The Meaning of “Under Color of” Law
The argument proceeds as follows. In Part I, I examine why the conceptual problem of who or what is “the State” is so intractable. In Part II, I present the historical evidence that establishes beyond doubt the pedigree and meaning of the phrase under color of law. I explain why Frankfurter would have indulged in such an obvious historical error to take the position he did. I suggest that, as was the case with the invention of modem standing doctrine, Frankfurter was here engaged in a stealthy, anachronistic campaign against the jurisprudence of the Lochner era – attempting to create doctrinal constraints on the federal courts’ power to invalidate necessary social legislation.
In Part III, I examine the more complex metaphorical aspects of the meaning of the legal metaphor under color of law. I explore the conceptual bases of the metaphor, considering both the historical changes and the continuities in the socio-linguistic practices that underpin its meaning. The purpose of this linguistic analysis is threefold: first, to explain how the metaphor expresses the meaning that it does; second, to clarify why the meaning of the metaphor as it was incorporated in section 1983 is conventional to our culture, rather than arbitrary and contingent solely on the intention of the drafters; and third, to explore what the metaphor adds to our understanding of the conceptual problem at the heart of section 1983. The section closes with an analysis of what the historical and linguistic material implies for the interpretation of the statute.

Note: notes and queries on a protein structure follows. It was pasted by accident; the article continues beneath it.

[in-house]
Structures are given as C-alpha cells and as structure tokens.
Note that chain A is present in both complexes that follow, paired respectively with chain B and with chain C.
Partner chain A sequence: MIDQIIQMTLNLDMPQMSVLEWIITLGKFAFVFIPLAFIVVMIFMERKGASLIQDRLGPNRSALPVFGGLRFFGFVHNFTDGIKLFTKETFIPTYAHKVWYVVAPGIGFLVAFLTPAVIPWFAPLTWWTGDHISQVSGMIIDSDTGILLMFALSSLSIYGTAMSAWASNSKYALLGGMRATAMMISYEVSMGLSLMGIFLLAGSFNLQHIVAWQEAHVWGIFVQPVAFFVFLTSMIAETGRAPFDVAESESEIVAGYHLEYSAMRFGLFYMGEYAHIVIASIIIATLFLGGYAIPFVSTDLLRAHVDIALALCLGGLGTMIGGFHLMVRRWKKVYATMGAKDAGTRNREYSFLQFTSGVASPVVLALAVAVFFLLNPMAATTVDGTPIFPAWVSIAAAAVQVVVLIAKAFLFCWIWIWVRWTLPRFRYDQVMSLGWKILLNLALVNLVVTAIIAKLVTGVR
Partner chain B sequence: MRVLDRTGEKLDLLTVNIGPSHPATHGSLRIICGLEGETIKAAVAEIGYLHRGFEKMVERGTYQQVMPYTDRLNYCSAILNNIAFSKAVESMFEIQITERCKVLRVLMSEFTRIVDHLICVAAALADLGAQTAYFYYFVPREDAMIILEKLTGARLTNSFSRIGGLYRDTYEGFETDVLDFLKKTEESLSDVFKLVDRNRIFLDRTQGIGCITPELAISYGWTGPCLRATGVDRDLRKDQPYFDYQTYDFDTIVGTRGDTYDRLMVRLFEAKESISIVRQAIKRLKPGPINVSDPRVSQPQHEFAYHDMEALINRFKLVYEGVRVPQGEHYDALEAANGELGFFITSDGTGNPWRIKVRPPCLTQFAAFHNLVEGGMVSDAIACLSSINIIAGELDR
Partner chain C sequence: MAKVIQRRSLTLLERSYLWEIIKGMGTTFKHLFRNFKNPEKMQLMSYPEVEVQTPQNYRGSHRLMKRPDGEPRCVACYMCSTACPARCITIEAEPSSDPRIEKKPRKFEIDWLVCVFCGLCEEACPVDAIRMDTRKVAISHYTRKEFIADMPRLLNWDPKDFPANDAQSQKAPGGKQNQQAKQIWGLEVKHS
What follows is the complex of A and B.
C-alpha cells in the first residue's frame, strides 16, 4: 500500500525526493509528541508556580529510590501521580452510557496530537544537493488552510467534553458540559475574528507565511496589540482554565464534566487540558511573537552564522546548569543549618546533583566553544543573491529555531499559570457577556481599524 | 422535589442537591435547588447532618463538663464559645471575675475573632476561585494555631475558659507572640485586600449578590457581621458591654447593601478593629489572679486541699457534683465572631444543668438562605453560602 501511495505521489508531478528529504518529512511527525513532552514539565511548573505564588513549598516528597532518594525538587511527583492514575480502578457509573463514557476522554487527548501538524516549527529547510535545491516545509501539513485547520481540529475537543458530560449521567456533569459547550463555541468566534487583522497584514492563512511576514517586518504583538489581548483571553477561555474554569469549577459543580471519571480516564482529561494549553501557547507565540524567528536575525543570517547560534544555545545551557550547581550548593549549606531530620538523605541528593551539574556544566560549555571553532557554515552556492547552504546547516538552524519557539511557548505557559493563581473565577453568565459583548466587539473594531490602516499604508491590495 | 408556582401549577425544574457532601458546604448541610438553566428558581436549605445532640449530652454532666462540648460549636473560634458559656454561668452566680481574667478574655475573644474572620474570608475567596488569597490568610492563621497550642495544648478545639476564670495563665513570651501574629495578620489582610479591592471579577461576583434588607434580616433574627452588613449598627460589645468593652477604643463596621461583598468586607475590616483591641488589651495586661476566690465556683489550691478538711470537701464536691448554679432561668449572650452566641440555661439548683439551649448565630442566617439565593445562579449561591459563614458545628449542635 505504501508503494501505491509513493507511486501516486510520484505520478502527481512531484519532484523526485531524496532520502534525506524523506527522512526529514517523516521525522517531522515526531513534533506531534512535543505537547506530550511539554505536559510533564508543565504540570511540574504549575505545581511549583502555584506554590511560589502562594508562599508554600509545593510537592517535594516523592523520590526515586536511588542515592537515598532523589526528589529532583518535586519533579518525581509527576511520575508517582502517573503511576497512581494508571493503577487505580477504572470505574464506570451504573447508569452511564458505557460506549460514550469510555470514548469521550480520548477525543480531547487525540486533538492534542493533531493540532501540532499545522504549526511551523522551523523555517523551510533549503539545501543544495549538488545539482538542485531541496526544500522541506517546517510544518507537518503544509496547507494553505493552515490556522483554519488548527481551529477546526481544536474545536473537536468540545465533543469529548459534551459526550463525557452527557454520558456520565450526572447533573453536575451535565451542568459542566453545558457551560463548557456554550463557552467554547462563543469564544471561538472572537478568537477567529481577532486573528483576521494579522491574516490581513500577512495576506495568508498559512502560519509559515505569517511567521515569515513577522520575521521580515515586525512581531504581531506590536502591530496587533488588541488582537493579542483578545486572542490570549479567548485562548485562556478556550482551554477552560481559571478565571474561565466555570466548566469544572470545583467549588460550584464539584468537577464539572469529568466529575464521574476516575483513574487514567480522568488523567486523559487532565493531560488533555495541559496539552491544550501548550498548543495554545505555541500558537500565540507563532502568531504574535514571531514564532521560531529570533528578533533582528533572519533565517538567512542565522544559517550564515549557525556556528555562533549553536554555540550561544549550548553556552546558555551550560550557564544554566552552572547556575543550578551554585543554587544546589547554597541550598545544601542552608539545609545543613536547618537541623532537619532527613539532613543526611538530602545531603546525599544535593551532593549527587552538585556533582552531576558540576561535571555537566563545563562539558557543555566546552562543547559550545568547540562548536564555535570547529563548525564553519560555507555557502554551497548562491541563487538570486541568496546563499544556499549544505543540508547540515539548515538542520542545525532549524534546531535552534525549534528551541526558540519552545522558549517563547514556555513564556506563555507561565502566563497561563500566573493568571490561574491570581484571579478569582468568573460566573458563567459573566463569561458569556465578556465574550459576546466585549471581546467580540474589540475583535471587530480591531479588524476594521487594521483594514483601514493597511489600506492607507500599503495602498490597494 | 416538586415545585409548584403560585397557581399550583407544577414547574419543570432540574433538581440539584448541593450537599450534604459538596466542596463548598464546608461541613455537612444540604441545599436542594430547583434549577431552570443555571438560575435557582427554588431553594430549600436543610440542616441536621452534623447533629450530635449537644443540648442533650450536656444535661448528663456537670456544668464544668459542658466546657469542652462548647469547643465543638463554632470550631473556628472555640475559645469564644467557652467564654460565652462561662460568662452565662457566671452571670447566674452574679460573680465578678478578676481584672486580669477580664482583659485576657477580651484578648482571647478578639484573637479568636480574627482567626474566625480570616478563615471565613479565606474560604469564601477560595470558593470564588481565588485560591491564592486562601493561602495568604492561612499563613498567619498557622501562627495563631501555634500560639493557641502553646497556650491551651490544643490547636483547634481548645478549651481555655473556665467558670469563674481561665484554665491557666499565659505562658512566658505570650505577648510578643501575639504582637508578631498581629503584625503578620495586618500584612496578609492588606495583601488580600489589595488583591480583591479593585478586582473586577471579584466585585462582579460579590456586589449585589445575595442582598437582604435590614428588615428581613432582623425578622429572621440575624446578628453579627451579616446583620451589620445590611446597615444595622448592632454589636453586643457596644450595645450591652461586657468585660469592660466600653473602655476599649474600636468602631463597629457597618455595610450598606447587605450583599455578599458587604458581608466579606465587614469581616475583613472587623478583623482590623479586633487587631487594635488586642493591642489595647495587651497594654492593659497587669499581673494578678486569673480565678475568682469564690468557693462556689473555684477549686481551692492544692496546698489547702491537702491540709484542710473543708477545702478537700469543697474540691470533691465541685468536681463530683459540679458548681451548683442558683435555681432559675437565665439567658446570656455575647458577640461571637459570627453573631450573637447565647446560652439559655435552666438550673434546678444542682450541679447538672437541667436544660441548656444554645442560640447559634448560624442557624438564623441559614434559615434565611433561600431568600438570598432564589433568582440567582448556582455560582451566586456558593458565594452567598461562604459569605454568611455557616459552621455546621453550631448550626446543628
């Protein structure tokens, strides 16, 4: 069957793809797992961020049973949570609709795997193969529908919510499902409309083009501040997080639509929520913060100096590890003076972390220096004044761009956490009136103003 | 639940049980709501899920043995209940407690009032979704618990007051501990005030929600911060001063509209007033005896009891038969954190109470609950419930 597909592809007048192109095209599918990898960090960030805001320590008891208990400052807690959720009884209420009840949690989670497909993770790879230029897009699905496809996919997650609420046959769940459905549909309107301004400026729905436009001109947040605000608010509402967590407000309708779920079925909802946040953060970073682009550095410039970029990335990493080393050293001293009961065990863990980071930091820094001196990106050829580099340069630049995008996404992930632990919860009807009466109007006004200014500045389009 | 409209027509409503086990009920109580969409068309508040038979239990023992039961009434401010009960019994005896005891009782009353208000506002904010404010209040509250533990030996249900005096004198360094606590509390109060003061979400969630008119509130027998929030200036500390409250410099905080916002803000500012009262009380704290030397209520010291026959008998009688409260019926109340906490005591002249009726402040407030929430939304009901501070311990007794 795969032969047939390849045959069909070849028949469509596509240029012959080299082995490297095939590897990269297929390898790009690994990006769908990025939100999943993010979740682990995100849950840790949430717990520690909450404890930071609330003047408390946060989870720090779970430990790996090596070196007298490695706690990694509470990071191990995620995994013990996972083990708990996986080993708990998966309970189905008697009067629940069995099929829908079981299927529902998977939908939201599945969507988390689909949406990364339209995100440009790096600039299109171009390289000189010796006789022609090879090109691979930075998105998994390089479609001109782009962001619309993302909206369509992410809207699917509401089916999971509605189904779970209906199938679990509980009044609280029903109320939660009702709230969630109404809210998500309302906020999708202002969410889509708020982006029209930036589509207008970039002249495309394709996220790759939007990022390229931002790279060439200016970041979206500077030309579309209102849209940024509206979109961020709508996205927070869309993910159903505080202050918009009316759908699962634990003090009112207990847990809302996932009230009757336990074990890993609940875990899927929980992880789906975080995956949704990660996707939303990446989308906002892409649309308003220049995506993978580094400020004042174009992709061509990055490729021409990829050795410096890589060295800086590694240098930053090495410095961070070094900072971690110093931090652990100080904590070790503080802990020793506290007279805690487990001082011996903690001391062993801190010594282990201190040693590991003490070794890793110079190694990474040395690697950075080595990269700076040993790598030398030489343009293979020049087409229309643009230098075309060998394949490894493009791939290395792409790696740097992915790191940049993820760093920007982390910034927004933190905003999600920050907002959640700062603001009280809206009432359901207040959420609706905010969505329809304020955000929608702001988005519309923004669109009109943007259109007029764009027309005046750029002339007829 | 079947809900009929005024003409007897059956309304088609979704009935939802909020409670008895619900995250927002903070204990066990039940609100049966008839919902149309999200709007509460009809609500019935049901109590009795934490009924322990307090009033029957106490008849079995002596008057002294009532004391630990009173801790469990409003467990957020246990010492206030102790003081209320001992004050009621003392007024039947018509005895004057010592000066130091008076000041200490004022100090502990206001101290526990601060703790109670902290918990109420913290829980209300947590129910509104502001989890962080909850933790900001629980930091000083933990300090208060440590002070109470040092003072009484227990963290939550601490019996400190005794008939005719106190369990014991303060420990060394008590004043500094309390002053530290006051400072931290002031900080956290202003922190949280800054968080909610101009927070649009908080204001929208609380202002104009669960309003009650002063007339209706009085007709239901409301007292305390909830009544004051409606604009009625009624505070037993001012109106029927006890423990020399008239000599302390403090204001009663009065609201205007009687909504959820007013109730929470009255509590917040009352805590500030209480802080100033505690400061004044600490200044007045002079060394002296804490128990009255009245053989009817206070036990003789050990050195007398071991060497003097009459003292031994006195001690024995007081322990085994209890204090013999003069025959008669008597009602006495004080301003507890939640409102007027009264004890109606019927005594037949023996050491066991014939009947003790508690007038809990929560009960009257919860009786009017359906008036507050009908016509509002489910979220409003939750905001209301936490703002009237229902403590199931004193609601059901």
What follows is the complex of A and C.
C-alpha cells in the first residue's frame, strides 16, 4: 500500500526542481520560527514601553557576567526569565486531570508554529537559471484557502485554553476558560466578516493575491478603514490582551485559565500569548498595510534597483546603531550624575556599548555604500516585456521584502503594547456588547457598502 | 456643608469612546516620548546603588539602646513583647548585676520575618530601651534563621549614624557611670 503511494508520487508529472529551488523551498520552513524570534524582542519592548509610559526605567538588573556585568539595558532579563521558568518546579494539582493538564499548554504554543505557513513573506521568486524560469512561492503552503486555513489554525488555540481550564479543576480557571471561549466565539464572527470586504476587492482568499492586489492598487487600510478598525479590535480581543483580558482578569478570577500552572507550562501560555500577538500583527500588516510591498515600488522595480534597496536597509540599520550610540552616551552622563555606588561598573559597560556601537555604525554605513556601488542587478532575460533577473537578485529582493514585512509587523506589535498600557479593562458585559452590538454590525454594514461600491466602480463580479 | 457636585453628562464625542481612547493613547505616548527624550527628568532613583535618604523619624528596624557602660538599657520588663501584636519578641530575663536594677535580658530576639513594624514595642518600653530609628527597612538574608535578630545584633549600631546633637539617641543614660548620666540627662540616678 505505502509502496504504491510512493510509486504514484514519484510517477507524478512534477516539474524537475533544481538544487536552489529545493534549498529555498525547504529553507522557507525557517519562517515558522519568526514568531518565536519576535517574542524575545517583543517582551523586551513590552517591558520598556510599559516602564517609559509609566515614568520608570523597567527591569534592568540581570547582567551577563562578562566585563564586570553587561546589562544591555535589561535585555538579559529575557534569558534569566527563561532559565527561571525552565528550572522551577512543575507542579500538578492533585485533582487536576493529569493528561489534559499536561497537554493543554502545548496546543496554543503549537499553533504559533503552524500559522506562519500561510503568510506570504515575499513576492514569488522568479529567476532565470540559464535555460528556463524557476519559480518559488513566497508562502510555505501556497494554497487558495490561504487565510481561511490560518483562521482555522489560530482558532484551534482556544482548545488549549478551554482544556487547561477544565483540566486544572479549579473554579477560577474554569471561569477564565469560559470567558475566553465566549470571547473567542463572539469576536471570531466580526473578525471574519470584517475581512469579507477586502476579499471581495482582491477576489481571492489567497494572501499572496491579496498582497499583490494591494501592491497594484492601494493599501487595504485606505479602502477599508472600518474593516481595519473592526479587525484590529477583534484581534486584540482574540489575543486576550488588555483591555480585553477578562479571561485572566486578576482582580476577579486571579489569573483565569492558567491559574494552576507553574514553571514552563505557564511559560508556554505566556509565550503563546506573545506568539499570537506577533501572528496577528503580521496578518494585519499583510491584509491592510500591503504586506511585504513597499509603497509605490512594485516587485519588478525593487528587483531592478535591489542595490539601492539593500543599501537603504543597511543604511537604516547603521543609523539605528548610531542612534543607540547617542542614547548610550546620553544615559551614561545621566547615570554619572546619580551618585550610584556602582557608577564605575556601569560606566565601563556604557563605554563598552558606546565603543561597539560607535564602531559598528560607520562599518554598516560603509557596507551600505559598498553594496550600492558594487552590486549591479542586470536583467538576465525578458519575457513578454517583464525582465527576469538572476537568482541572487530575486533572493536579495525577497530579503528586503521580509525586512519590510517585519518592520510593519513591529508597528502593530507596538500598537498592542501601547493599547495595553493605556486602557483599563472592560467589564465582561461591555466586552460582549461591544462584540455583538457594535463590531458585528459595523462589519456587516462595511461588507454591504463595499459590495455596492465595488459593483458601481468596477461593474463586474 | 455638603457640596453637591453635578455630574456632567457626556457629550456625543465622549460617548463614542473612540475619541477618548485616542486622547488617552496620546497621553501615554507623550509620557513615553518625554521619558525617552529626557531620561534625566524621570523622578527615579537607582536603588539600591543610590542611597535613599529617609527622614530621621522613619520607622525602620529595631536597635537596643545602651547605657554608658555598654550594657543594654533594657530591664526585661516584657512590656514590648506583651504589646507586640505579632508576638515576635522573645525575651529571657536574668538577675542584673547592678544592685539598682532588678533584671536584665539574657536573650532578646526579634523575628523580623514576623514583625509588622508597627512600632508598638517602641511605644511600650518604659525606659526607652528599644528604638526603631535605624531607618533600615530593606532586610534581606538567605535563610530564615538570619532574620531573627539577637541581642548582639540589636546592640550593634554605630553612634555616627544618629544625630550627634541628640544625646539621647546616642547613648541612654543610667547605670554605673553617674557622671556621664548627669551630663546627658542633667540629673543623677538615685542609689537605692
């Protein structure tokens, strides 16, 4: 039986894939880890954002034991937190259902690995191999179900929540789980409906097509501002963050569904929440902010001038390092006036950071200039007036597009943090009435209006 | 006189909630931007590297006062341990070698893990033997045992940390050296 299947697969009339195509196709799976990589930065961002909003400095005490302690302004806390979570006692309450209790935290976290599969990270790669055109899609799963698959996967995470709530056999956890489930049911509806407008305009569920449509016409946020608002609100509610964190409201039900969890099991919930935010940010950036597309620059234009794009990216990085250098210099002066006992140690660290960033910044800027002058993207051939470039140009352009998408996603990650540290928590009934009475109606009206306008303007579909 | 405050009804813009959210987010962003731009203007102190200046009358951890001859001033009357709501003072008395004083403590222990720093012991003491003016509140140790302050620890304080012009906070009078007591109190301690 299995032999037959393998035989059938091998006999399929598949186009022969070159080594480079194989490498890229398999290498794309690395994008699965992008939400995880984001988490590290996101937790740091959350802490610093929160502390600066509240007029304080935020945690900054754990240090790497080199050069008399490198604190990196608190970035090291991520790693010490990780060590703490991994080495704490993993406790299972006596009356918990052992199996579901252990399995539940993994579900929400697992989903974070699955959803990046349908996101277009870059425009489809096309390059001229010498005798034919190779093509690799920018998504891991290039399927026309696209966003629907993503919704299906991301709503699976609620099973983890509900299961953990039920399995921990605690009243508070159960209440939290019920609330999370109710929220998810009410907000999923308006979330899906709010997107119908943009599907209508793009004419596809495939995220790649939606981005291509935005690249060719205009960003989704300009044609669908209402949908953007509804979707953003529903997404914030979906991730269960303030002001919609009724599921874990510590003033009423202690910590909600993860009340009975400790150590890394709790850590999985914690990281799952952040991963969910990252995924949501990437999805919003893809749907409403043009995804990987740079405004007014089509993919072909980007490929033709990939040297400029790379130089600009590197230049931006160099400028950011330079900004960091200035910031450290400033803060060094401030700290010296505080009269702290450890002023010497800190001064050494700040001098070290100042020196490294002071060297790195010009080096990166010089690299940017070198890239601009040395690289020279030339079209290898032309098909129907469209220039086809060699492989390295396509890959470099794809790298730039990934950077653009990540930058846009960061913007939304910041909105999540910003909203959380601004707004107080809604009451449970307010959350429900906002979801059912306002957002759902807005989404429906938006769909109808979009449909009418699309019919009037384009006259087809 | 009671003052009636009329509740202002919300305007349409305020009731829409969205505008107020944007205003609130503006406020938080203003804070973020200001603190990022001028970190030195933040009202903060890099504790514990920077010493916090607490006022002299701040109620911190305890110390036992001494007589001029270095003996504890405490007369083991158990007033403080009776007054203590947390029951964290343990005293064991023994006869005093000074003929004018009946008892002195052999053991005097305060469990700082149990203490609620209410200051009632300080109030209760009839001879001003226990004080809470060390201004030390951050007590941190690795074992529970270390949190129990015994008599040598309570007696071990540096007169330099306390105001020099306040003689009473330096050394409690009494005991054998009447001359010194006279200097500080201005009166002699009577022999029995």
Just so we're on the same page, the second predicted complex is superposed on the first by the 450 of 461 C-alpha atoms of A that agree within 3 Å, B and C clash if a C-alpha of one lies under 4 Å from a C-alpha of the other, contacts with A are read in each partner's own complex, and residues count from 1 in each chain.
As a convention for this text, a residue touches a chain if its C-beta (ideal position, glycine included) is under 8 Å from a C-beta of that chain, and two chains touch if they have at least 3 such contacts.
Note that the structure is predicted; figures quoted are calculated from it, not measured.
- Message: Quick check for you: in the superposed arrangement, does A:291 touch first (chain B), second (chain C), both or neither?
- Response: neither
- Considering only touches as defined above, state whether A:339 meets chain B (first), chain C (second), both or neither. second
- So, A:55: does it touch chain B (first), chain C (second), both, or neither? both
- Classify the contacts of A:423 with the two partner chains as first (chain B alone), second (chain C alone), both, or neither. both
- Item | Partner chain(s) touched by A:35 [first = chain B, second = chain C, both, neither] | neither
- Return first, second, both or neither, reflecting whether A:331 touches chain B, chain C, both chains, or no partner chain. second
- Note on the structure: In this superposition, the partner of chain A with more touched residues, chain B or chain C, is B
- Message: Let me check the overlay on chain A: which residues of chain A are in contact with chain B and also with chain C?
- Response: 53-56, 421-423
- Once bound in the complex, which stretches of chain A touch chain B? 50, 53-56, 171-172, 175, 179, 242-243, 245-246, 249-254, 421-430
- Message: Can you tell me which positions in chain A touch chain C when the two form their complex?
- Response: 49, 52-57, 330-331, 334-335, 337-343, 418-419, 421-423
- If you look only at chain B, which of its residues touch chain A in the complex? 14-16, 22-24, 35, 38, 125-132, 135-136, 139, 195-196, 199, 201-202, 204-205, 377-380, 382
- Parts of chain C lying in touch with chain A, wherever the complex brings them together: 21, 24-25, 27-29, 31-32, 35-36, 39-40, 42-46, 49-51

My intention in this article is not to argue for the drafters’ intent, but rather to employ a more faithful historical understanding of under color of law as “a way of seeing and then seeing again.” Thus, in Part IV, I consider some of the broader ramifications of the color of law conception. I examine how this metaphoric conception changes our view of apparently unrelated doctrinal issues concerning the scope and coverage of section 1983. In this renewed vision, we can relocate the social dimension of the meaning of state power in a tradition committed to self-governance and, therefore, to governmental accountability – to see what was there once, to see what can be there now.